When the Centers for Disease Control and Prevention used the Innovation Diploma Disney Cohort as consultants for learning and integrating design thinking into their Open Idea Lab in Atlanta, the doctors and administrators there coined a hashtag at the end (because the approach created great impact): #RentAStudent
Well, iDiploma Director Meghan Cureton (@MeghanCureton) seized on that insight and started an adVenture series that the Disney Cohort named “Consultivation.” In short, an outside person spends a 90-minute session with the Cohort to work through a rapid design lab to address a challenge or opportunity he or she faces in work or business.
Today, the iDiploma Disney Cohort hosted its third consultivation. The chief engineer for NAES (North American Energy Services) joined us to share a challenge his team is facing in communication. A photo gallery of the consultivation can be found below, and a Google doc of the facilitation flow is also provided.
If you are looking for creative and productive ways to blur lines between “school” and “real world,” you may want to consider something like our consultivation. Our student learners are not only amazing future resources, but they are incredible current resources – growing designers who want to and can contribute to real-world problem solving and solution seeking.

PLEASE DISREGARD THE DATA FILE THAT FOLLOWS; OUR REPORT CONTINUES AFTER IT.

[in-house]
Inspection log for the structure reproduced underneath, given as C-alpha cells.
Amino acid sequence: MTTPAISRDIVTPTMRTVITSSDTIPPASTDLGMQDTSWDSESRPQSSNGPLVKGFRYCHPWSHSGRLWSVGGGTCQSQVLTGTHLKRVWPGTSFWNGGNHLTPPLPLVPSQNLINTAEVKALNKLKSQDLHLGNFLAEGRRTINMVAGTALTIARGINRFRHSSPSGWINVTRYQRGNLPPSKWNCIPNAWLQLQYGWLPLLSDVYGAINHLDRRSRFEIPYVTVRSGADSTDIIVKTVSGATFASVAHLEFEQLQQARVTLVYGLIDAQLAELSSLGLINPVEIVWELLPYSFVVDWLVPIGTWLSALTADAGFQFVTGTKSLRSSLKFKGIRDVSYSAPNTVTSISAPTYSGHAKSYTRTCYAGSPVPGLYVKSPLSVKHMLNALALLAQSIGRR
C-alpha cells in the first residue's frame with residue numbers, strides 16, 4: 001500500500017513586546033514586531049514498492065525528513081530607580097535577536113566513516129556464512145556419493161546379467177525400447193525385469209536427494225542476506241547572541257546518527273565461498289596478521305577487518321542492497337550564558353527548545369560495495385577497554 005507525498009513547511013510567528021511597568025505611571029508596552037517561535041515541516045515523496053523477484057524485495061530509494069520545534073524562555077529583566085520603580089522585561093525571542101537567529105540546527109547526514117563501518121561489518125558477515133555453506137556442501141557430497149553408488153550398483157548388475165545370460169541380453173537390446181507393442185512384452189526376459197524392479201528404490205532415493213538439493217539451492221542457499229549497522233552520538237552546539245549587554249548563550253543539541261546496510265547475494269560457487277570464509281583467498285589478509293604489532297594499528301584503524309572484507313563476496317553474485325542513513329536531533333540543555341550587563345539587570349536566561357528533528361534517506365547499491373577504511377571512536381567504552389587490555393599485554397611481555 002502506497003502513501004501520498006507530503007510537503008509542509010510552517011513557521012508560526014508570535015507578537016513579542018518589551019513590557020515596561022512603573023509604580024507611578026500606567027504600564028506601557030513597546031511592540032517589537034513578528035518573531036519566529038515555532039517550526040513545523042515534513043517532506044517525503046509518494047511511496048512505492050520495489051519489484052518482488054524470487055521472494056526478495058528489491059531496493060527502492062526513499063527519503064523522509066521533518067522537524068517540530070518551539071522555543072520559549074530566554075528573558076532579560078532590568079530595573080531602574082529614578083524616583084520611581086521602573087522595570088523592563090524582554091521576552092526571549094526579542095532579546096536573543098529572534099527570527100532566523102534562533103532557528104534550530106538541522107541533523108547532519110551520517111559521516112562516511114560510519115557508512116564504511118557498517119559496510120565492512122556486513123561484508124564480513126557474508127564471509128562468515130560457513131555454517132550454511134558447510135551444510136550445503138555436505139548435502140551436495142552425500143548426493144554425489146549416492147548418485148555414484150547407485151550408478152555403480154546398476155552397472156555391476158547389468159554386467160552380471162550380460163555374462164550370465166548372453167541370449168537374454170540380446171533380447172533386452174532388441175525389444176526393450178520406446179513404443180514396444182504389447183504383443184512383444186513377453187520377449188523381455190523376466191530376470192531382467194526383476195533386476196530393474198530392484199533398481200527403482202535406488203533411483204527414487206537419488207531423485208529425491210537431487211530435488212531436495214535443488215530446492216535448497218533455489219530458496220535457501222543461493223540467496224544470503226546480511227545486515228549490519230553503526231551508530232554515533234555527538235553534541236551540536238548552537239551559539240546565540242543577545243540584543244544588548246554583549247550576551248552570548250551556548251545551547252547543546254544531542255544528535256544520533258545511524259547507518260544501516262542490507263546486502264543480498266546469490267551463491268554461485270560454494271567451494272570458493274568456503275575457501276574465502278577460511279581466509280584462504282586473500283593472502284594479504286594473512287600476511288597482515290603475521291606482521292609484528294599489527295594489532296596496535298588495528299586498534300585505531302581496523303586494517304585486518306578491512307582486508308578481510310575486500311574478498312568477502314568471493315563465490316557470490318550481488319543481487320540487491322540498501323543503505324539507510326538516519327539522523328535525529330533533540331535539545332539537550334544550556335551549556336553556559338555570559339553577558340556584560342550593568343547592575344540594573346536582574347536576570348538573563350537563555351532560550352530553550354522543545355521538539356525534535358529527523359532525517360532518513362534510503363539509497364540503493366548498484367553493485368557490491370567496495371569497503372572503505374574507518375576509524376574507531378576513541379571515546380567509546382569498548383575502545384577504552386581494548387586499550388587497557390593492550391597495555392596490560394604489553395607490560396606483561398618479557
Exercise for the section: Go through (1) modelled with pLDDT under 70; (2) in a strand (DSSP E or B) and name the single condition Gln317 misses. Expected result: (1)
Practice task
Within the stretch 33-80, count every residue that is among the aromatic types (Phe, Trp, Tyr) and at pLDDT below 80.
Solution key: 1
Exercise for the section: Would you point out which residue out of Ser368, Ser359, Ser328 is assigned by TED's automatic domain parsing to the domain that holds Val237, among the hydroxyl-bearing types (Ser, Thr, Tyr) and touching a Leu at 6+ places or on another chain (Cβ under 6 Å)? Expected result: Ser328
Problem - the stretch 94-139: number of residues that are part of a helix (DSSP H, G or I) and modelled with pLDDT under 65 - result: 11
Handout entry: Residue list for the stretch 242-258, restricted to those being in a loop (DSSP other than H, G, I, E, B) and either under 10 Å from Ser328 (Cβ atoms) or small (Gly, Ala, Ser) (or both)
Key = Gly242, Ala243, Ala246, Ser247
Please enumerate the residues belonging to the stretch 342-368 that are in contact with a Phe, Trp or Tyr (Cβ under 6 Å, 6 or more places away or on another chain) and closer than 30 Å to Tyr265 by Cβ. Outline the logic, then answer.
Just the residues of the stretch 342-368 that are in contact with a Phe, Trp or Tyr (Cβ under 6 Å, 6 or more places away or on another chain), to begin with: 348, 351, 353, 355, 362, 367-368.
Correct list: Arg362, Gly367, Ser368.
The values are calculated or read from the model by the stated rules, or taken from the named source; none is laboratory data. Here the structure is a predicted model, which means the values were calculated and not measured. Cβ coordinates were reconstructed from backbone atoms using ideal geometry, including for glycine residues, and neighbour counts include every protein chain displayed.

Our client left this morning saying that he was extremely excited to explore the solutions our iDiploma Disney Cohort created – hybrid systems that combine and integrate already-available tools which work together to address the needs that our user shared with us. He also indicated that he was leaving with a “standard” against which to measure future, potential solutions because of the needfinding and prototyping that was made visible this morning… in just 90 minutes.
Views on iDiploma Consultivation from other Angles:
- “The Future of School,” post by Meghan Cureton about Consultivation
- “An Eventful Day,” post by Anya Smith about this Consultivation
Reblogged this on Craig Lambert Blog.
Wonderful update! I’d love to hear about the student reaction to the experience. Sounds like high schoolers exceeded the clients expectation. I share your passion of pursuing significance and accomplishing real results while in school – versus the mentality of we learn learn learn (through scenarios and fake problems) to then later to well in the “real world”. Bring the real world to our youth and we just might see fewer problems in the world!
Bo, this was such an exciting post for me to read. I am so thrilled and enlivened and excited about what is happening there. Yes!
Thanks, Craig! The consultivation work is truly exciting and invigorating. A real breakthrough, I think.